(CNS): Monarchs are dominating play in the PricewaterhouseCoopers U-16 Girls Basketball League. They have won four games and lost only one, which was a forfeit. It is hardly surprising that Monarchs are leading, given that they have Christina McLean, one of the top players in the league, on their roster. McLean also has played in the Women’s National league ended a few months ago, so she has plenty of experience under her belt. She is the top scorer in the U-16 Girls League with 25 points. (Photo by Tara Bush: Monarchs April Ebanks in action during one of the games in PricewaterhouseCoopers U-16 Girls games)

There are a number of players, likeMcLean, who were tested in the Women’s League this past season, who are leading in the stats. These include Amber Watson, April Ebanks and Felecia Conner, to name a few.

Sparks are the second place team with two and two. Lynx is third with one win and four losses. Comets has two wins and three losses but has been outscored by Lynx, which has 118 points to Comets’ 111. Lynx has conceded 133 against and Comets 115 for.

The stats leaders are La-Torae Nixon from Sparks with 5 assists. Amber Watson (Lynx) leads with 3 blocks. Four players have eight blocks apiece: Christina McLean (Monarchs), Shana Linwood (Comets), Watson and Felecia Connor (Comets). Sashaneil McField (Lynx) has 13 turnovers. April Ebanks has 18 rebounds and Watson 17.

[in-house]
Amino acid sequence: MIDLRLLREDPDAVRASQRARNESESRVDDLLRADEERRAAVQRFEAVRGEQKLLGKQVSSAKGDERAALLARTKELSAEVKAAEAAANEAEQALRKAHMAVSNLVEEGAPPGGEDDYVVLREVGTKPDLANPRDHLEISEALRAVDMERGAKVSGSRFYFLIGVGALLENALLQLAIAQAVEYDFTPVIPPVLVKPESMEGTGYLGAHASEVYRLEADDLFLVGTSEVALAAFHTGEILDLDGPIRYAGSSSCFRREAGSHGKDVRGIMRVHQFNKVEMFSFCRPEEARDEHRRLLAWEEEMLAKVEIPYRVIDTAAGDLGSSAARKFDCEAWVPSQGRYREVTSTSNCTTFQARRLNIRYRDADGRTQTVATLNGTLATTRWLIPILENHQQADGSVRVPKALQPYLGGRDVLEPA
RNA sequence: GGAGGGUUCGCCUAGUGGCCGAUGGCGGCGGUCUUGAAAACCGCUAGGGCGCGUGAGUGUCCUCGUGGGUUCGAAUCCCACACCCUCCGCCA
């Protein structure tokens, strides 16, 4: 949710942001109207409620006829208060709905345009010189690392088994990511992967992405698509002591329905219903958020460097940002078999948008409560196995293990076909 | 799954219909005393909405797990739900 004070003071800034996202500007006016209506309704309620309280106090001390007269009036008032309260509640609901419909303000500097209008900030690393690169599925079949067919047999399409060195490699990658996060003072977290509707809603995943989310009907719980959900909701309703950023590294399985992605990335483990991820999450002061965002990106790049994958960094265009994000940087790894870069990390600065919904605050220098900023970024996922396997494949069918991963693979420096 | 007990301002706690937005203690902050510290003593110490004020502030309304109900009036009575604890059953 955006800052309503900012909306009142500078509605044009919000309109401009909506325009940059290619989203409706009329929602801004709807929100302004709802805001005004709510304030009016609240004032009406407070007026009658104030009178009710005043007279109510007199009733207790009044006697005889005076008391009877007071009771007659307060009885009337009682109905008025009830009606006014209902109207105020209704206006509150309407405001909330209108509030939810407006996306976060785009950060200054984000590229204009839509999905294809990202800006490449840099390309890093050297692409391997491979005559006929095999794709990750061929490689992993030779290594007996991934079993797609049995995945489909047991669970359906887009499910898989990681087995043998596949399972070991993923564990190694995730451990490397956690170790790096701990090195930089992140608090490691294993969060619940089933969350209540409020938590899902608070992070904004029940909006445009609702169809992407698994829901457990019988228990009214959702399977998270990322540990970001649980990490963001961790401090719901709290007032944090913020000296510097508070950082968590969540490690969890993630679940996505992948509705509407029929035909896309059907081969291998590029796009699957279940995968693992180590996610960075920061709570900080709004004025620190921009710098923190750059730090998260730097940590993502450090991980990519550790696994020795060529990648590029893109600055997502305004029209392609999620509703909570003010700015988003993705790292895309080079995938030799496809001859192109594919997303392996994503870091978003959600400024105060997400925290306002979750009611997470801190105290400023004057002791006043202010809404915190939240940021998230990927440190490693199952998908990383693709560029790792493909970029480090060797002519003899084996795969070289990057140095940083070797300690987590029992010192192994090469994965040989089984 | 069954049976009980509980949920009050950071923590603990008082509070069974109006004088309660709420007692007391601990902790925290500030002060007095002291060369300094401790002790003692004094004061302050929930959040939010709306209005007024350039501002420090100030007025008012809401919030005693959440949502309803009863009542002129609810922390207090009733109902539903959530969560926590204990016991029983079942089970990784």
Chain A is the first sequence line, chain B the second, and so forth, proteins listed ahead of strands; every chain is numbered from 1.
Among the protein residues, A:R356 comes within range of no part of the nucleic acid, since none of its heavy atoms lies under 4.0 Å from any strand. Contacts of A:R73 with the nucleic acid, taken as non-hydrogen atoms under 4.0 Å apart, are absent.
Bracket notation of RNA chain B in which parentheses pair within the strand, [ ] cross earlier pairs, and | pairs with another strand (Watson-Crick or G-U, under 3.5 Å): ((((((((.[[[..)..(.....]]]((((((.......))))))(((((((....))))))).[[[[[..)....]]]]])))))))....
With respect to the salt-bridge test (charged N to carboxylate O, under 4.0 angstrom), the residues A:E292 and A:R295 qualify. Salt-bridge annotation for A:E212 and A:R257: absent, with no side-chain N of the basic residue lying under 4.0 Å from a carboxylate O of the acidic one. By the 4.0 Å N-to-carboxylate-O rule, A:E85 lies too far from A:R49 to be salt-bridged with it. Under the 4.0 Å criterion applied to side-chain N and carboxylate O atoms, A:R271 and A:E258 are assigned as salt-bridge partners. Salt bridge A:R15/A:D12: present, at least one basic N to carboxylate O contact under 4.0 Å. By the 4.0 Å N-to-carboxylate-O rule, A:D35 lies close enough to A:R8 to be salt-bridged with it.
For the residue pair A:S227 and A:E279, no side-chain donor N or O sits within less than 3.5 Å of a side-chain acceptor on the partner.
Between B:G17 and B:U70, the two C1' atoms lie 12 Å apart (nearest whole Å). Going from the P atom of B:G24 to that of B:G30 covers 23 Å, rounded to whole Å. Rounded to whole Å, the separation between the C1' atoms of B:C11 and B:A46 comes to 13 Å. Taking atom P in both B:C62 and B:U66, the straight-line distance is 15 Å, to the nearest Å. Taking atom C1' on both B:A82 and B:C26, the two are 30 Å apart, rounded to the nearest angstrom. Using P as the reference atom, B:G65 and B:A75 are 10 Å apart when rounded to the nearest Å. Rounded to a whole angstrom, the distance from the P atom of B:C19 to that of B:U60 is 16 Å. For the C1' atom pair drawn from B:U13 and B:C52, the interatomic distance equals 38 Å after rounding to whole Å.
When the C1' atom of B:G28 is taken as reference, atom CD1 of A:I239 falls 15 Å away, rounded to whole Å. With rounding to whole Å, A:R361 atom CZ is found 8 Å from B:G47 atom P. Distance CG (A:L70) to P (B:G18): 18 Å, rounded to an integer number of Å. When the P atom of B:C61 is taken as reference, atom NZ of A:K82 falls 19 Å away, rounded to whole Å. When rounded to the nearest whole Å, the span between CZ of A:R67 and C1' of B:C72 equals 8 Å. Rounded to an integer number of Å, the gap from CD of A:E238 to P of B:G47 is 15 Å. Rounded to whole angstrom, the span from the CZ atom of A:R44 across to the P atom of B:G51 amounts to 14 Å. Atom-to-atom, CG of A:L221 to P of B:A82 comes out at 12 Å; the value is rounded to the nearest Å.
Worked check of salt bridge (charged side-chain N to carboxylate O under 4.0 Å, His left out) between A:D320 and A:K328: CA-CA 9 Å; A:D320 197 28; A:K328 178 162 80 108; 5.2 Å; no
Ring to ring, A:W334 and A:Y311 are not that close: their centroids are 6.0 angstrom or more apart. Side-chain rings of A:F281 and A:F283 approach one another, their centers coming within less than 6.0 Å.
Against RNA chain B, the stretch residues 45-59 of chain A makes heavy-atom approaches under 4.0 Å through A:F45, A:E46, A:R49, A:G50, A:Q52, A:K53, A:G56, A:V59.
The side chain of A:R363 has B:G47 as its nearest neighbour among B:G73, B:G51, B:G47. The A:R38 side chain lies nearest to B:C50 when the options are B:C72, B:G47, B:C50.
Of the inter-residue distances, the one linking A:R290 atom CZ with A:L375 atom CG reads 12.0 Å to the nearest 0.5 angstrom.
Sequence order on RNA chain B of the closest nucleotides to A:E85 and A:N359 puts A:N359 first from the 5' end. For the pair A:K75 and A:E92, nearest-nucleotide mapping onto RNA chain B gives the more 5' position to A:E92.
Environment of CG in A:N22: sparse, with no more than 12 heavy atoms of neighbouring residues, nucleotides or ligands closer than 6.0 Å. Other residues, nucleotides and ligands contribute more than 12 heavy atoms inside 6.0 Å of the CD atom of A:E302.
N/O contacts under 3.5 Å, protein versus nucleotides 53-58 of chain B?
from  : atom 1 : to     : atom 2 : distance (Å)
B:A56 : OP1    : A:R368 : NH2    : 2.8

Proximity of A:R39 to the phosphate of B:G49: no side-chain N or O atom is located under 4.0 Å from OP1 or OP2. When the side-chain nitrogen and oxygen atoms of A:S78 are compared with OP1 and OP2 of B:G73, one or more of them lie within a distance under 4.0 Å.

Redver Ebanks, coach of the National Women’s Basketball team, said he is pleased with how the league is progressing.

“It is nice to see the evolution of the players as league play continues. They are gaining confidence and taking more chances.”

Games in the PricewaterhouseCoopers U-16 Girls League are played every Saturday at 5:00 p.m. and 7:00 p.m.

Monarchs April Ebanks in action during one of the games in PricewaterhouseCoopers U-16 Girls games.

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Culture highlighted at CITE 2009

| 06/05/2009 | 0 Comments

(CNS): International travel wholesalers, members of the local tourism industry and both international and local media had the opportunity to experience first-hand what they will promote and sell to our potential guests at the Cayman Islands Tourism Exchange (CITE), where they were treated to Cayman culture, Caymanian hospitality, networking functions, presentations and a business forum. A release from the Cayman Islands Tourism Association (CITA) said the 8th annual CITE, held from 30 April to 2 May at The Ritz-Carlton, Grand Cayman, offered the perfect opportunity for the Cayman Islands to stand out from other destinations.

The invited travel wholesalers mainly from the US and UK were identified and recommended by local tourism operators, CITA and the CI Department of Tourism. Wholesalers include both traditional and web-based operations which have supported the Cayman Islands in the past or have the ability and interest to do so in the future. The format of the event included a business session with presentations and updates on tourism developments, property tours, pre-scheduled appointments, networking functions and activities for all delegates.